As with all significant moments in history, there is always more than one story to tell - and it's the recollections of those who experienced Alcatraz from the inside and outside that makes James Fortier's documentary "Alcatraz Is Not An Island" so revealing.
The 1969 occupation of the most famous island in the United States fueled a generation of activists and galvanized Indian country at a critical time. The full weight of the federal government's policies of termination and relocation were being felt by urban Indians across the country.
But Alcatraz, like other political activities of the '60s, became victim to external and internal forces. Along with dealing with the obvious logistical problems of occupying a site that was an island and had been abandoned for years, there were other difficulties in building a community overnight. Issues of leadership, negotiation strategies with the government and ideologies on what an contemporary-traditional Indian society is, all played out under the scrutiny of national media attention.
For many, the occupation was a bittersweet experience and as director-producer James Fortier explains, he feels that time was the healing ingredient.
"Some of the biggest challenges were not just finding the people, but then getting them to do the interviews," he says. "With some people, we had to first show them other people's interviews before they'd agree or want to tell their story. A lot of people didn't want to talk about it.
"I think that may be one of the major reasons why a big documentary on the occupation couldn't have been done for a long time is because the people involved didn't want to bring it up. I think over time the feeling toward the occupation has changed, it evolved and I think the accomplishments - because they were subtle and weren't so obvious at the time - it took awhile for those effects to really crystallize. Their feelings toward the occupation softened and actually it turned into pride at some point, so then they were willing to talk about it."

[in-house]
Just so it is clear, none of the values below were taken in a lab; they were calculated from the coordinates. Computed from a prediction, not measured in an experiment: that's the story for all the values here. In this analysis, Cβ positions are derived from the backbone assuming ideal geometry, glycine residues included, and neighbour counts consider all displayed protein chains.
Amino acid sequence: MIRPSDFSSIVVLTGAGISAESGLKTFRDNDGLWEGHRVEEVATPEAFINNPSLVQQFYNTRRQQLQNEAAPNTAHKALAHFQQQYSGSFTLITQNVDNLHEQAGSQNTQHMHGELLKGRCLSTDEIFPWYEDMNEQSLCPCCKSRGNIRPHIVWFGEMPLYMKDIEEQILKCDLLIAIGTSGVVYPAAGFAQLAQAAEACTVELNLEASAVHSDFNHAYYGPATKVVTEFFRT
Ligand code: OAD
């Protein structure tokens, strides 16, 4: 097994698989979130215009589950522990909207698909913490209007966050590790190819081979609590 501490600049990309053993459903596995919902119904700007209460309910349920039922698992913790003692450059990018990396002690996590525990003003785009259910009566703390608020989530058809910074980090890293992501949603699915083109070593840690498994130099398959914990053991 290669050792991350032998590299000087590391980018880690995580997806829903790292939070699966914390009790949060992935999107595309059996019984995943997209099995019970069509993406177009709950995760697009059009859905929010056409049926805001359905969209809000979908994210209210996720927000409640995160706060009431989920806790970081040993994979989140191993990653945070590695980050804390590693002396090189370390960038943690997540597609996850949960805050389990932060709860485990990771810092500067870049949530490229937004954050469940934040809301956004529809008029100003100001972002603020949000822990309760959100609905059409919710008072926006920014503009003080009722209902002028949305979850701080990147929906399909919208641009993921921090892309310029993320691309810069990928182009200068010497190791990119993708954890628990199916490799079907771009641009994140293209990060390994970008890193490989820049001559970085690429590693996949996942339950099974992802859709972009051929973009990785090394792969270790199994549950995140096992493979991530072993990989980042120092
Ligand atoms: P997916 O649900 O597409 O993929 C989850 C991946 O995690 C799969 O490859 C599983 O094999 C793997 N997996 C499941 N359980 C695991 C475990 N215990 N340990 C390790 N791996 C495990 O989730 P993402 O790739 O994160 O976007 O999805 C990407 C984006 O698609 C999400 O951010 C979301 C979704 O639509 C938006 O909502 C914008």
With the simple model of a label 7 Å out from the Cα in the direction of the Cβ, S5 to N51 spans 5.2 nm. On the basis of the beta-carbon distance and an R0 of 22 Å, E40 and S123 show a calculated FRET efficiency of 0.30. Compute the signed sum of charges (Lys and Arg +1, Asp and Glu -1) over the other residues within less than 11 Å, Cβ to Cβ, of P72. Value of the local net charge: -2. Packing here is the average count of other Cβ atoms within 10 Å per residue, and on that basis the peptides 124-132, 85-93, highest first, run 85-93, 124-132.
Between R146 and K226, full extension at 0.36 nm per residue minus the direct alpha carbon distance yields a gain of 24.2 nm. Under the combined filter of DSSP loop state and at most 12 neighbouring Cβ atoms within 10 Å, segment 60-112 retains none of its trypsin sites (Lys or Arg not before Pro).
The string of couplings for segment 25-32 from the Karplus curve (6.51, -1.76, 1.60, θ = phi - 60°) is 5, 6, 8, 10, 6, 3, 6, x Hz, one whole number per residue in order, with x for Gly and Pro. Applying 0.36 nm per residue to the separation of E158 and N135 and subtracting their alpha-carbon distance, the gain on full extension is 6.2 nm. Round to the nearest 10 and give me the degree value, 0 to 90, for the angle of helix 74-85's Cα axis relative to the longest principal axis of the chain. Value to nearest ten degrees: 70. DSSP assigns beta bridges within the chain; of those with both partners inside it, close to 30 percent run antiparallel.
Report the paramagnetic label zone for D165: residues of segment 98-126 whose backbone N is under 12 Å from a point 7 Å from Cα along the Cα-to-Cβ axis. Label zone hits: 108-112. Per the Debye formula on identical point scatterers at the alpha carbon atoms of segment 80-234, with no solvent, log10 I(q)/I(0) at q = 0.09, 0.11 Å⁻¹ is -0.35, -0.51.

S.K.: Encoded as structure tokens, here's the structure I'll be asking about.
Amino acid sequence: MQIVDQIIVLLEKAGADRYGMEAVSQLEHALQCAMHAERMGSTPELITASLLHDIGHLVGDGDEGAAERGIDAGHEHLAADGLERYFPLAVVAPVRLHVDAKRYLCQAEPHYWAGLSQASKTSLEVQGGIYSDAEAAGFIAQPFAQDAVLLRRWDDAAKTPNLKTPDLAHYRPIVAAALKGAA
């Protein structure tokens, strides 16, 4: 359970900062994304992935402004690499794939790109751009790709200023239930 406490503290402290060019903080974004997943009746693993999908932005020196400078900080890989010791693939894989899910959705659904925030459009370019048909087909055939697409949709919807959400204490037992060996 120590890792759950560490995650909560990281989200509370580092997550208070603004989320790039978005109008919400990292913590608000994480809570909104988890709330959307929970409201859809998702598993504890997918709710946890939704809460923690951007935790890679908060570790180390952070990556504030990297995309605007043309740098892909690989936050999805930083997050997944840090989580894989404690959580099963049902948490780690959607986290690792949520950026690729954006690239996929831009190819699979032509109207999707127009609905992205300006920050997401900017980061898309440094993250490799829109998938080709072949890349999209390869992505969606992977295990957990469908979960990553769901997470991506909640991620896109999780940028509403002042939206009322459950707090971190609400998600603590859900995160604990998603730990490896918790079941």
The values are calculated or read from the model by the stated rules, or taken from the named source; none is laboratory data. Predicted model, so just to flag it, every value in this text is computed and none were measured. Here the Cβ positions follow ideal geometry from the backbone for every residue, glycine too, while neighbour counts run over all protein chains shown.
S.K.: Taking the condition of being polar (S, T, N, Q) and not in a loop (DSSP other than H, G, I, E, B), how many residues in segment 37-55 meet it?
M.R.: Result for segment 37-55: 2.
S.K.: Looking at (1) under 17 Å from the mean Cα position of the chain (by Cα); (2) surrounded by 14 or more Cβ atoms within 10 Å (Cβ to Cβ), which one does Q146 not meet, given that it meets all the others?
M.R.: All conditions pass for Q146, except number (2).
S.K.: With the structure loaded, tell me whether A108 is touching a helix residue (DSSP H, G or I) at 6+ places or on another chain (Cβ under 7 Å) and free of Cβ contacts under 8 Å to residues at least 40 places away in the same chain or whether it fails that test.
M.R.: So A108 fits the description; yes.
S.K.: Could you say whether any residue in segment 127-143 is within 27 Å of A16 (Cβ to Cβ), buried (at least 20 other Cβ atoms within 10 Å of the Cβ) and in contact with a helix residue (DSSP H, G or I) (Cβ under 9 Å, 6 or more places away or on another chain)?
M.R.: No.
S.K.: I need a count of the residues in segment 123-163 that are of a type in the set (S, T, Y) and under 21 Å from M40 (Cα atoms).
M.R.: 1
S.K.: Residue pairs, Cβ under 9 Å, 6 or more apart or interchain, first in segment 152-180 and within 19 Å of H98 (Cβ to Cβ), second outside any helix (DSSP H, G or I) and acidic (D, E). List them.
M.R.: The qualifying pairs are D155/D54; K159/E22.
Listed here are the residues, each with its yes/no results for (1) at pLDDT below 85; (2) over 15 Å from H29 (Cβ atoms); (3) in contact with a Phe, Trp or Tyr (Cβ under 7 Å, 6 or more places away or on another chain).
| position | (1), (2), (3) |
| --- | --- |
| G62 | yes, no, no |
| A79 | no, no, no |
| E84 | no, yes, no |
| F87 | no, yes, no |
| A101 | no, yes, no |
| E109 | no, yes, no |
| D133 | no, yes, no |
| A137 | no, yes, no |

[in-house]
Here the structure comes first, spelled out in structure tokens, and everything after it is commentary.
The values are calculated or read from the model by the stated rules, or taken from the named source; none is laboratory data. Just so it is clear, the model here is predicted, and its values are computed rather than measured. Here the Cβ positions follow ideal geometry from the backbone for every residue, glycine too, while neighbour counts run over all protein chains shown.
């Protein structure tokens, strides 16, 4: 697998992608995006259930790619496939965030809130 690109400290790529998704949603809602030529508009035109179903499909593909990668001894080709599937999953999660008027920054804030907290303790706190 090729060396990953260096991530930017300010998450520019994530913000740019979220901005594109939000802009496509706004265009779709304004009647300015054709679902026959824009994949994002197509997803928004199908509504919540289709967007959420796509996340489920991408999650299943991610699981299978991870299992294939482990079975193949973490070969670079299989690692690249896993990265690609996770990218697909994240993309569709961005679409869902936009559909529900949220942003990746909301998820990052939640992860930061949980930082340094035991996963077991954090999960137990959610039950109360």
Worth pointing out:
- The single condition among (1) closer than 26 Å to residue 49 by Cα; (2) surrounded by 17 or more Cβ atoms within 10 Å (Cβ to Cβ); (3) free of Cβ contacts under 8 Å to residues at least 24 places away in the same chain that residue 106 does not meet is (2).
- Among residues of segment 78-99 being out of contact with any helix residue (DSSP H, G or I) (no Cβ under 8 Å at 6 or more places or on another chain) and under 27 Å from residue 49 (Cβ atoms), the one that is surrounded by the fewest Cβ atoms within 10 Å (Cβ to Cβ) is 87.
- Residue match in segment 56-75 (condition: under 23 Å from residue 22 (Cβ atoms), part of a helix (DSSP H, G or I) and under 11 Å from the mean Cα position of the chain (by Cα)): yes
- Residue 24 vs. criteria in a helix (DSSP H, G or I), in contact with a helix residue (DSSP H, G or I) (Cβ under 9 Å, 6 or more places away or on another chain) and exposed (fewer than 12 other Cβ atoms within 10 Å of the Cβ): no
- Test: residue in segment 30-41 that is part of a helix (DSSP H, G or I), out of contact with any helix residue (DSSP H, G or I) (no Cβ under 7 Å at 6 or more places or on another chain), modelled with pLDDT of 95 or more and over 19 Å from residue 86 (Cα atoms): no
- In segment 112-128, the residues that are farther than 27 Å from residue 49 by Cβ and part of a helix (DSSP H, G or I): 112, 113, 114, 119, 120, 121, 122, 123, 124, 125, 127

Drawing from a diverse circle of storytellers, a wide array of impressions and memories are shared. And it is all those stories that give insight into the personalities and incidents that made up the 19-month occupation.
"Alcatraz touched and affected the lives of Native people to the extent that it affected people that weren't even there. At any time there may have been 15,000 to 20,000 Native people on the island and each one of them went home with a different story to tell. Combine that with thirty years and you have a lot of variation of what went on," Fortier says.
"Our challenge was to sort through all of that and see what were the dominant themes and recollections and then have them all come together and be represented by key storytellers in the film. I hope we captured the essence of the occupation for most Native people whether they were there or the other generations that came after."
James Fortier's documentary is a rare reflection into a historic event - a portrait that strips the infamous occupation of any romanticism that may have enveloped it at the time. Now, three decades later, the filmmaker presents the facts and motivations that provide a clearer picture of what the occupation started out as, and ultimately ended up achieving. It is a struggle about re-defining self-determination - a story full of heart, personal tragedy, collective vision and the realities of moving forward.
"Someone said to me that the thing about Alcatraz is that those who got involved with it can't just let it go. It's going to be with you for the rest of your life. And even though I'm a young man and I was just a kid when the occupation happened, but now having gone through the occupation through this film I can see how it will stay with me for the rest of my life," Fortier says. "Once you're connected to that island in any way it's hard to let go - it's almost like it won't let go of you. Living in the Bay area, every Thanksgiving there's a sunrise ceremony out there - the spirit of the occupation is kept alive."